Monday, March 10, 2014
BIG’s Blog: The Internet and Your Future in Fundraising
Last week Seth Godin wrote a short and pithy blog entitled: What does it sound like when you change your mind?
It was a masterpiece of insight wherein he admitted his own mistake in not originally “getting” the Web. Seth had recently started an Internet company called Yoyodyne.
At the time, we were working with AOL, CompuServe and other online services. The Web was in its infancy, and I notoriously said, “It’s just like Prodigy, but slower and with no business model. I don’t think the Web makes sense.”
Even today, with the exception of my readers who have taken our courses or have hired consultants to develop a REAL Web strategy, most of my blog readers are where Seth Godin was during his eighteen months in the wilderness of not believing in the Internet. You have a Website and even use social media, but you’re not bringing in revenue from Internet channels at anything close to what direct mail appeals deliver … assuming your direct mail is still profitable. So, you don’t trust the Internet.
And yet … there is Charity: water and Zappos.com. Charity: water is a nonprofit that started in 2007 and raises 100% of their donations (mostly from small donors) 100% online. In their 2012 fiscal year, they raised close to $33 million dollars. From the commercial world, there is Zappos.com, the online merchant who began in 2000 and NEVER produced a catalogue . . . and today does well over a billion dollars in sales, 100% online.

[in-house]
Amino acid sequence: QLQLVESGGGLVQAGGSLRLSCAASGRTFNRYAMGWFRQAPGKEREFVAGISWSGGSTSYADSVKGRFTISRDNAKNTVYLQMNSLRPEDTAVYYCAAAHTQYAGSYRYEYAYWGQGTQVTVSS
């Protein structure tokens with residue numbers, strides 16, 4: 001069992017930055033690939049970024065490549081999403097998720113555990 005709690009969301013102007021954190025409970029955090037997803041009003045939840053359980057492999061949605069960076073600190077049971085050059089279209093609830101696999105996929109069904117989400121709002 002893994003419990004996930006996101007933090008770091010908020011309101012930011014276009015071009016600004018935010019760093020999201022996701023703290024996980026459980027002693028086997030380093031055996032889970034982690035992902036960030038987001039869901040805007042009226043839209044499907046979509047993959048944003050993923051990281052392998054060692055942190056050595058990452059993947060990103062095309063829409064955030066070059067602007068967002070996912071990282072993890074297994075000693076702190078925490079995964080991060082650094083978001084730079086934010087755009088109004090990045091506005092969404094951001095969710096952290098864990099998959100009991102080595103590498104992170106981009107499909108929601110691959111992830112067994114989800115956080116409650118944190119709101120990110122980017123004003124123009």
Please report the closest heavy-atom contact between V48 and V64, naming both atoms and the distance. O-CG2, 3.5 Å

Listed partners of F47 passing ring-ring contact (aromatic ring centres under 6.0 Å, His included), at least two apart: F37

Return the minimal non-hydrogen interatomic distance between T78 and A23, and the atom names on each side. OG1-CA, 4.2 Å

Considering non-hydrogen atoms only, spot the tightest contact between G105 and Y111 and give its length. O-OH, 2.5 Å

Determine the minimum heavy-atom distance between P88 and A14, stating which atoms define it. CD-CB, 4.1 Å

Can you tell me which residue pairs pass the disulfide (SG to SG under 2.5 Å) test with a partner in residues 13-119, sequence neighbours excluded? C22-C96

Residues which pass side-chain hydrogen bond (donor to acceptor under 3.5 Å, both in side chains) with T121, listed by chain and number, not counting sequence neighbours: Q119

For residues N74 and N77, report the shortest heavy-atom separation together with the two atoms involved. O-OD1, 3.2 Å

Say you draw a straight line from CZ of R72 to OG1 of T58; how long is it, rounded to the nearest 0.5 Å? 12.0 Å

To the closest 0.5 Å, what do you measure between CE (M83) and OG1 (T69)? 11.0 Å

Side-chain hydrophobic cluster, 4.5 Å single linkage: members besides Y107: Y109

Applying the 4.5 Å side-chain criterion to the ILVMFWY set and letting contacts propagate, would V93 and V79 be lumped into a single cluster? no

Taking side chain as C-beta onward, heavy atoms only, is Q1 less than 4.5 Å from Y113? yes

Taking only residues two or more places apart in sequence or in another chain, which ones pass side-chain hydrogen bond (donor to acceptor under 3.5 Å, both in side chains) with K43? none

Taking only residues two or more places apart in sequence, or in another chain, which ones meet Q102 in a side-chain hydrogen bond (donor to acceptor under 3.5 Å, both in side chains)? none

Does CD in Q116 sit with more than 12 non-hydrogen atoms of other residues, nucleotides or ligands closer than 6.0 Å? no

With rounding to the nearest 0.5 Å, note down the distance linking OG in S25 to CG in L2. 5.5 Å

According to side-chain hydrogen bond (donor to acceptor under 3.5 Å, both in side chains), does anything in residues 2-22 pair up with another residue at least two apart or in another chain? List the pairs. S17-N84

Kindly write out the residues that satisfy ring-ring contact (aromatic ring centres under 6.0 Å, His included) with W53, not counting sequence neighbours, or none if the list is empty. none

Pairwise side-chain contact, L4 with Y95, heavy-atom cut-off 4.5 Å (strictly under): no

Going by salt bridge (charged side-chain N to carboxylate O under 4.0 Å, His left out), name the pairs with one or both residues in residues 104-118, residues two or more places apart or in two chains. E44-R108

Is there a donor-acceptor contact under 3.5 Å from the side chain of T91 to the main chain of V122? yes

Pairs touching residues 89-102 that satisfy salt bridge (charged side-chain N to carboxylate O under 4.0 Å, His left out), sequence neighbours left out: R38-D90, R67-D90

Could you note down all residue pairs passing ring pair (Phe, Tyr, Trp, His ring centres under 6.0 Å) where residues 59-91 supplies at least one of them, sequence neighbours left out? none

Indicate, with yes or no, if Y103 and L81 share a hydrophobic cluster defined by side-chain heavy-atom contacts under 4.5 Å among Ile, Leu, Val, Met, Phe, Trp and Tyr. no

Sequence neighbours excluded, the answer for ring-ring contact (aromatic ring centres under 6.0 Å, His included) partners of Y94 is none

I understand that this “Internet thing” seems to have been a fast-changing ride since all of us can remember the fundraising world long before the Internet. . . but the future of your fundraising efforts must soon be 100% online, or you won’t have a future.
Take a page from Seth Godin. Learn from his mistake. Change your mind about your future on the Internet.
I’ll let Seth close out this blog with his final thought …
This is one of the assets of youth, and something that’s worth seeking out and maintaining. That flip, the ability, when confronted with a world that doesn’t match the world in your head, to say, “wait, maybe I was wrong.” We’re not good at that. Science brings us overwhelming data about the truth of washing hands before surgery, the age and origin of species, about the efficacy of placebos, and the natural instinct is to push those facts away, rather than find the moment where we can shift our thinking.
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